The models presented in the book fall into three main groups, according to the basic assumptions about the nature of the decision making process. The first group includes procedural models (e.g., Shepsle 1989; Tsebelis 1994; Crombez 1997), emphasising decision-making rules and formal procedures that constrain the actors. Formal legislative rules as given by the founding treaties are used as the basis for these models: they define players, their competencies and the sequence of steps taken by individual players. A second group consists of bargaining models (e.g., Coleman 1990; Bueno de Mesquita 1994; Stokman and Van den Bos 1992). These assume that the institutional setting provides just the playground where players negotiate about possible outcomes of the game. The rules are important as they determine who the actor is and how much weight s/he has in the negotiation. Still, it is the bargaining which is more important for the outcome of the process, not the formal rules. The third group of models combines elements of the preceding two (Putnam 1988; Schneider and Cederman 1994; Hug and König 2002). Negotiation may take place in the first stage of the decision-making process, but formal rules are decisive for the outcome.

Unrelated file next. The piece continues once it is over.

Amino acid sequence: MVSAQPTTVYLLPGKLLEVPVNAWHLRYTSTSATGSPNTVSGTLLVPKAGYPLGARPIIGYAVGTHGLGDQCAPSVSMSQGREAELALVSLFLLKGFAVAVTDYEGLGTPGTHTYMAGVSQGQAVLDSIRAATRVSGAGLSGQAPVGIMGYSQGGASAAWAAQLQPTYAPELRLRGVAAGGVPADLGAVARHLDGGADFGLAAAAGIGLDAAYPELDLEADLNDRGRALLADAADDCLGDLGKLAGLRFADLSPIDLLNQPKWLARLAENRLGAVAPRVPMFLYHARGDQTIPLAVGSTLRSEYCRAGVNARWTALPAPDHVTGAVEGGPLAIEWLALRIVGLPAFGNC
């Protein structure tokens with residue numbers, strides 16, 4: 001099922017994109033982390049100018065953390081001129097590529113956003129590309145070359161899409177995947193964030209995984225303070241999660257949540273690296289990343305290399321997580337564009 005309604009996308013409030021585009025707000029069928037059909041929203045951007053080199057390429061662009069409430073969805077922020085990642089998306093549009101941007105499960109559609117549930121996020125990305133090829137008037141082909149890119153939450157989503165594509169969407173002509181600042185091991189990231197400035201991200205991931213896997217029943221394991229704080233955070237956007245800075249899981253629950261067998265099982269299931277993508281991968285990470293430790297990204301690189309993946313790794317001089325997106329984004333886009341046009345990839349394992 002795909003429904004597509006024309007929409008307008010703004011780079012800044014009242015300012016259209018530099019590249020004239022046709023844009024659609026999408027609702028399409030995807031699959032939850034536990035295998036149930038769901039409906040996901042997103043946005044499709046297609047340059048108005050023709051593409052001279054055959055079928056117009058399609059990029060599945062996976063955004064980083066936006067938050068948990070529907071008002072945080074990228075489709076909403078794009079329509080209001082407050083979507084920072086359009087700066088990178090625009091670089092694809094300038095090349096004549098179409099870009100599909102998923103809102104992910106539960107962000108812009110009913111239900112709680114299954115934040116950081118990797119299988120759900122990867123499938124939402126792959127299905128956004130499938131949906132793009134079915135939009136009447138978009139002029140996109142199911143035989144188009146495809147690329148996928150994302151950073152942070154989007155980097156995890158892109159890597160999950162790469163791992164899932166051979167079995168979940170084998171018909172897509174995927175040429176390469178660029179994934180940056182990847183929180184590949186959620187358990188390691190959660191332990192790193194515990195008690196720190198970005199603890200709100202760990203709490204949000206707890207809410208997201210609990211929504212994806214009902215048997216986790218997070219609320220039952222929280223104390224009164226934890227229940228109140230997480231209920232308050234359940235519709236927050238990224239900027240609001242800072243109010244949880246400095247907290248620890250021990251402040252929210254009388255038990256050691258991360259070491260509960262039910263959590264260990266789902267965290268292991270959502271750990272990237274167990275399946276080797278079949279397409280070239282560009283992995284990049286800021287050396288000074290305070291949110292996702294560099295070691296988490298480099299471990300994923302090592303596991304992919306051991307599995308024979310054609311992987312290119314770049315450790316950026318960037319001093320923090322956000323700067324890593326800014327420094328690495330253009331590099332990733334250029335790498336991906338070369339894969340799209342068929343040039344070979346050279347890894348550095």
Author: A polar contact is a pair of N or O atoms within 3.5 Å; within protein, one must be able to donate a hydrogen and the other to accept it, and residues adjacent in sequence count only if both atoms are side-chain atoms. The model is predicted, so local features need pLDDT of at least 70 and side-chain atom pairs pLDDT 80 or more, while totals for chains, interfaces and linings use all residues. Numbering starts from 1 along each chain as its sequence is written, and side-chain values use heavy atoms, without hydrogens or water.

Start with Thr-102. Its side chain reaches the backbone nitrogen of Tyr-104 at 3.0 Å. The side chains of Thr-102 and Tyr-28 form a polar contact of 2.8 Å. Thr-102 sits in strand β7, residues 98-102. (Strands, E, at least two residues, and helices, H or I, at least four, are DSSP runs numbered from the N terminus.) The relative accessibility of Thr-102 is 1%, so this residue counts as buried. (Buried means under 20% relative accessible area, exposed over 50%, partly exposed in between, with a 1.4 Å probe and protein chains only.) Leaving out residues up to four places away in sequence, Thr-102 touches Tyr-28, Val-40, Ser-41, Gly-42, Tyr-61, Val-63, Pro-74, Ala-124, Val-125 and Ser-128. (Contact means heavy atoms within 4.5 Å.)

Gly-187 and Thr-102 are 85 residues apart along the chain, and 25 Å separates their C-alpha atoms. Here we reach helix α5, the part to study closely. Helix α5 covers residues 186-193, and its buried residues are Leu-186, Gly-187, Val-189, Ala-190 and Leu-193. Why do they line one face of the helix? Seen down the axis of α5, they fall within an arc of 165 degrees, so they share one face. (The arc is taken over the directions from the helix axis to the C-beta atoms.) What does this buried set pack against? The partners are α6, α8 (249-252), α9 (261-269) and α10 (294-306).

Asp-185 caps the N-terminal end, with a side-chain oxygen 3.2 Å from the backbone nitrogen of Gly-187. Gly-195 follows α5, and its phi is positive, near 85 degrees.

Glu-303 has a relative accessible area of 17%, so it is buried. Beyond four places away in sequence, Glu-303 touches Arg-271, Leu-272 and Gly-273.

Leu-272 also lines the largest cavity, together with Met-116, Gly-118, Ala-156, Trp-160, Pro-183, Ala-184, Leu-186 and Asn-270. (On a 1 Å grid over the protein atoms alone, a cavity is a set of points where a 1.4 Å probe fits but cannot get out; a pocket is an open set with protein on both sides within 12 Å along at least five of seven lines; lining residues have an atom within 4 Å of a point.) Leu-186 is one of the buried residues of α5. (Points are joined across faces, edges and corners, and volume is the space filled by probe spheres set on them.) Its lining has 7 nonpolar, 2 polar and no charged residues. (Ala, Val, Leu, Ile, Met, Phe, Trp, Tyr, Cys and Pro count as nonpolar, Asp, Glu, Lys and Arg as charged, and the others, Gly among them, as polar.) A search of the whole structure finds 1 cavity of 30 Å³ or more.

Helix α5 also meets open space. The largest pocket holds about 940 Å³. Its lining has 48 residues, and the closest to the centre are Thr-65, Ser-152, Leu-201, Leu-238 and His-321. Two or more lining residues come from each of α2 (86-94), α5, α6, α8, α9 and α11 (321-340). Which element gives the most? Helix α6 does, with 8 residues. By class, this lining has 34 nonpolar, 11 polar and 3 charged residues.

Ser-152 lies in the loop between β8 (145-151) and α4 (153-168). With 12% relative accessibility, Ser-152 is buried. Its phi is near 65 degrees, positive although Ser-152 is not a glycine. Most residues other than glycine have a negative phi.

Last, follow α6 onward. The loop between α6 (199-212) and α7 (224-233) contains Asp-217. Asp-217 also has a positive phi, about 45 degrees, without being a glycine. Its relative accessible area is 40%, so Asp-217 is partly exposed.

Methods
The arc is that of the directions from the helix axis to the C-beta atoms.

What may seem as disappointment is a relatively poor performance of the models in their predictive power. The distance of their results from the so-called baseline, atheoretical models – represented by the mean and unweighted median voter positions – is relatively small which means that none of the models describes the decision making process of the European Union really [*235] well. “Our models differ from reality far more than they differ from each other” (p.295). The authors consider their project to be just a beginning of a process of model adjustment and refinement of methodology which should in due time bring a major improvement of our knowledge about decision-making in the EU. They have made the first significant step which definitely resulted in an advancement of standards of scientific inquiry in this area of European research.